iv) Keep the container on the stand of the penetration

apparatus.

v) Adjust the needle to make contact with the surface of

the sample.

vi) Adjust the dial reading to zero.

vii) With the help of the timer, release the needle for

exactly 5 seconds.

viii) Record the dial reading.

ix) Repeat the above procedure thrice.

REPORTING OF RESULTS

The value of penetration reported should be the mean of

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not less than three determinations expressed in tenths of

a mm.

MACHINERY USED IN

CONSTRUCTION

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LIST OF PLANT & MACHINERY

DEVELOPED AT SITE:

WMM Mixing plant

Tailor

Stone Crusher unit 100TPH

Tipper (6/8)

GSB Crusher unit 100 TPH

Tipper (14cum)

Weight Bridge

Tractor

Concrete Batching Plant


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Plate Compactor

Transit Mixer

Concrete Mixer

Motor Grader

Generator set 250KVA

Front end loader

Generator set 180KVA

Generator set 125KVA

Generator set 100KVA

Generator set 22KVA

Generator set 17.5KVA

Generator set 5KVA

Excavator

J.C.B

Soil Compactor

Sensor Pavers

WMM Pavers

Vibratory Tandem Roller

Static Roller

Hydra

Air Compressor

Needle Vibrator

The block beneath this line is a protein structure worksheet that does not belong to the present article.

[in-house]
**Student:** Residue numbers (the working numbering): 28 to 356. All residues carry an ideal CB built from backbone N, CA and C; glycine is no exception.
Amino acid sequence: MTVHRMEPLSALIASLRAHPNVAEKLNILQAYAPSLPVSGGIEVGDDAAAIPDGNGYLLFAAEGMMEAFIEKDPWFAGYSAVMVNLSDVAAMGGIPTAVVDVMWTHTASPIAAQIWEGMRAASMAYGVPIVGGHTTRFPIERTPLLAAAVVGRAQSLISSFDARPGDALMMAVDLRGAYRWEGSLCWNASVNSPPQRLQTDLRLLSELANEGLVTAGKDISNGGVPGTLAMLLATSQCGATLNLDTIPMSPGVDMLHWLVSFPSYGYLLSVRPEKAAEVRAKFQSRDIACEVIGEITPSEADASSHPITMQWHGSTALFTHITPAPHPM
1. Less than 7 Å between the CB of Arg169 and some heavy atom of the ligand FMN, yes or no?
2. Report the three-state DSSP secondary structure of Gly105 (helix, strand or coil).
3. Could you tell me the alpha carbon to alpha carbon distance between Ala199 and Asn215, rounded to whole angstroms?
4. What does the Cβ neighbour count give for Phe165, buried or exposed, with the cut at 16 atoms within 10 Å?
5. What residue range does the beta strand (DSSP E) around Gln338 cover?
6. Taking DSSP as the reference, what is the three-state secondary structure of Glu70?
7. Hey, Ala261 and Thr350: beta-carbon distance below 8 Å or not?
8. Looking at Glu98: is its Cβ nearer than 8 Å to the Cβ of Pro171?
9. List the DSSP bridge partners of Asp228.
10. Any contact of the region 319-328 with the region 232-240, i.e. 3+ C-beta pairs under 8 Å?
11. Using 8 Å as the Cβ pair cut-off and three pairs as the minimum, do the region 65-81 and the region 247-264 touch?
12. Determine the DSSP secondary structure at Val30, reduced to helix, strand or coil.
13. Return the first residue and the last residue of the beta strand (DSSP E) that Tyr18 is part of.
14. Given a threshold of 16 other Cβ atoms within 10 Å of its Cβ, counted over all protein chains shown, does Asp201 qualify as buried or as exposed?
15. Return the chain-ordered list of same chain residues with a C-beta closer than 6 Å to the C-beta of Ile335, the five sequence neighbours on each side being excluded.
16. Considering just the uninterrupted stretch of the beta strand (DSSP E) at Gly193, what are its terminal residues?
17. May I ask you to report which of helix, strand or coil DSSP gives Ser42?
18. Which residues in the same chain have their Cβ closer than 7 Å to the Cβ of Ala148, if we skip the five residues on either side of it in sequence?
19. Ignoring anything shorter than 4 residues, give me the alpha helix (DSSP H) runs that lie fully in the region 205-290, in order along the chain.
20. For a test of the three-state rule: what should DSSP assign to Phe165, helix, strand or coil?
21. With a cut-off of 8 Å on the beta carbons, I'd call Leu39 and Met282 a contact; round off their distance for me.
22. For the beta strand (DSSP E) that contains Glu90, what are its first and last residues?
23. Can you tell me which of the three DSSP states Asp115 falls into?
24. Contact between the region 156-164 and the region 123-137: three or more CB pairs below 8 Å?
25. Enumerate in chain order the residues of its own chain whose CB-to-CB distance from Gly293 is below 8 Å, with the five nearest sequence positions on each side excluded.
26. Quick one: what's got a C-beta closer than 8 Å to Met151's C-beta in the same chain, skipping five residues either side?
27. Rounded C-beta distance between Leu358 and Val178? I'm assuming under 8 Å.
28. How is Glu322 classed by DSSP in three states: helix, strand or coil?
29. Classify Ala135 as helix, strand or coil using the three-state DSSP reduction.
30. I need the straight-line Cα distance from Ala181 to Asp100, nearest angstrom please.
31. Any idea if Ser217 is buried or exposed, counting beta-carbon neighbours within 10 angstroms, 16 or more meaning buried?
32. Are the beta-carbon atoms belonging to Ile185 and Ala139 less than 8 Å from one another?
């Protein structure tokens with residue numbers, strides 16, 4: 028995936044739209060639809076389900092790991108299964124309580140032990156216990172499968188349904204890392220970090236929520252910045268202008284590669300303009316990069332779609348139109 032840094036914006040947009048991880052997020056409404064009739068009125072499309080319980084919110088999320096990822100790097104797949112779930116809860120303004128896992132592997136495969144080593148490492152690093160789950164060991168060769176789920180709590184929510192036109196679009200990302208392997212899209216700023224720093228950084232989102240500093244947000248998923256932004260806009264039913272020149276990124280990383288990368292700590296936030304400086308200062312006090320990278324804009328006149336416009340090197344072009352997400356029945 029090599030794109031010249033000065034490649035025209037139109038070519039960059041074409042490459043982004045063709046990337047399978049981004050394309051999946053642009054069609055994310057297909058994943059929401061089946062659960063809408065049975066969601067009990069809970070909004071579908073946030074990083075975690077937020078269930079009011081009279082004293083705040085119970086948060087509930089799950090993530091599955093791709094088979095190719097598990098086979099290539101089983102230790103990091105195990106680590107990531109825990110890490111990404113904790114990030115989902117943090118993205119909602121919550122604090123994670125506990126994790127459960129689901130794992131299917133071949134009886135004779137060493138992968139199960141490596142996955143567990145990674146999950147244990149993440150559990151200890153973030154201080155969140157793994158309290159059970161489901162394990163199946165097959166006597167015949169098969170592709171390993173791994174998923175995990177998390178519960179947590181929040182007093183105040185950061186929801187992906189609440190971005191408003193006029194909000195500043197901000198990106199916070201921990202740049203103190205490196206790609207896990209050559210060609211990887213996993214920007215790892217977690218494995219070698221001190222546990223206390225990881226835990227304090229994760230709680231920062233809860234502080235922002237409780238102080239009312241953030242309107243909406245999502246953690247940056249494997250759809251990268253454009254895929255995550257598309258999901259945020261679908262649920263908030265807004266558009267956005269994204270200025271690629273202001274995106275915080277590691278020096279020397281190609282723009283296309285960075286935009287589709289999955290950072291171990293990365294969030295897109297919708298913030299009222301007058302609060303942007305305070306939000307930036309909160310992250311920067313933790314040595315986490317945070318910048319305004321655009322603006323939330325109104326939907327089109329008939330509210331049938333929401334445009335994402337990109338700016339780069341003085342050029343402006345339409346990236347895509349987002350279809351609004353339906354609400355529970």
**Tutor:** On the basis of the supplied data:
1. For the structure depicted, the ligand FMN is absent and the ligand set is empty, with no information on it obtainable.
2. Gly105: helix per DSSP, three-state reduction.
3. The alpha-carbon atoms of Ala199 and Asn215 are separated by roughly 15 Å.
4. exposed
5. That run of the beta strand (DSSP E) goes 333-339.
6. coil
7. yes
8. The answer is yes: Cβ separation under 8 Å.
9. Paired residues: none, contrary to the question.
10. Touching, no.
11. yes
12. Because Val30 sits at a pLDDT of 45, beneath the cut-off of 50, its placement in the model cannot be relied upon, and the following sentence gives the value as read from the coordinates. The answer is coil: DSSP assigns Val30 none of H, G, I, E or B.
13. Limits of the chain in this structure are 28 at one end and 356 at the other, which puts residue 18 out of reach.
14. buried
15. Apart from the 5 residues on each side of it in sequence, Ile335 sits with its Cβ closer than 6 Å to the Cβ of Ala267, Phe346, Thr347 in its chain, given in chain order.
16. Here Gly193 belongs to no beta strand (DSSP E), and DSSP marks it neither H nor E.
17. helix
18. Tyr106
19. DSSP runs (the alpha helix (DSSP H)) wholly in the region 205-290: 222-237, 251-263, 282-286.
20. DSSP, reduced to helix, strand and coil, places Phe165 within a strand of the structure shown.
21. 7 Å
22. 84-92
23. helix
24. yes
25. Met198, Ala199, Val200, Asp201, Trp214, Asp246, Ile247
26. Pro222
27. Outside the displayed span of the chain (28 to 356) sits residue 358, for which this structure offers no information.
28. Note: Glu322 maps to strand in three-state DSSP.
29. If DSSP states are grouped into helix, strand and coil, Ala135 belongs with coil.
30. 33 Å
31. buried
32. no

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Water Pump

Bitumen Spryer

Welding set with Generator 8KVA

Mechanical Boomer

Vehicles

Water Tanks

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SUGGESTION AND

CONCLUSION

1. Civil engineer should perform the work at their

level best so that it will give better result and

improve the production of the company.

2. Infrastructure of Civil Contractor Cell should be

more developed for giving the contract to the

best contractor.

3. Welfare facilities should be increase in for civil

engineers of Construction Company.

4. For the safety of civil engineers at the

construction, company should give the best

equipments of safety to the civil engineers.

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5. The hostel facility and amenities should be

improved so that the civil engineers could work

with more efficiency.

6. The civil engineers are advised to do their work

in slot as they do it bulk which create adverse

problems for example the road was dug during the

rainy season in one flow which resulted in heavy

loss of material, money and machinery of the

company. The work should have been done in small

phases and according to the circumstances. The

clipping can be seen on the next page as to how

destruction was made during the time when I was

undergoing my training.

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BIBLIOGRAPHY

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1. I.S. specification book on highway.

2. Highway material testing book by

3. S.K. Khanna, C.E.G Justo.

4. Organizations Laboratory.

5. Organizations Engineers.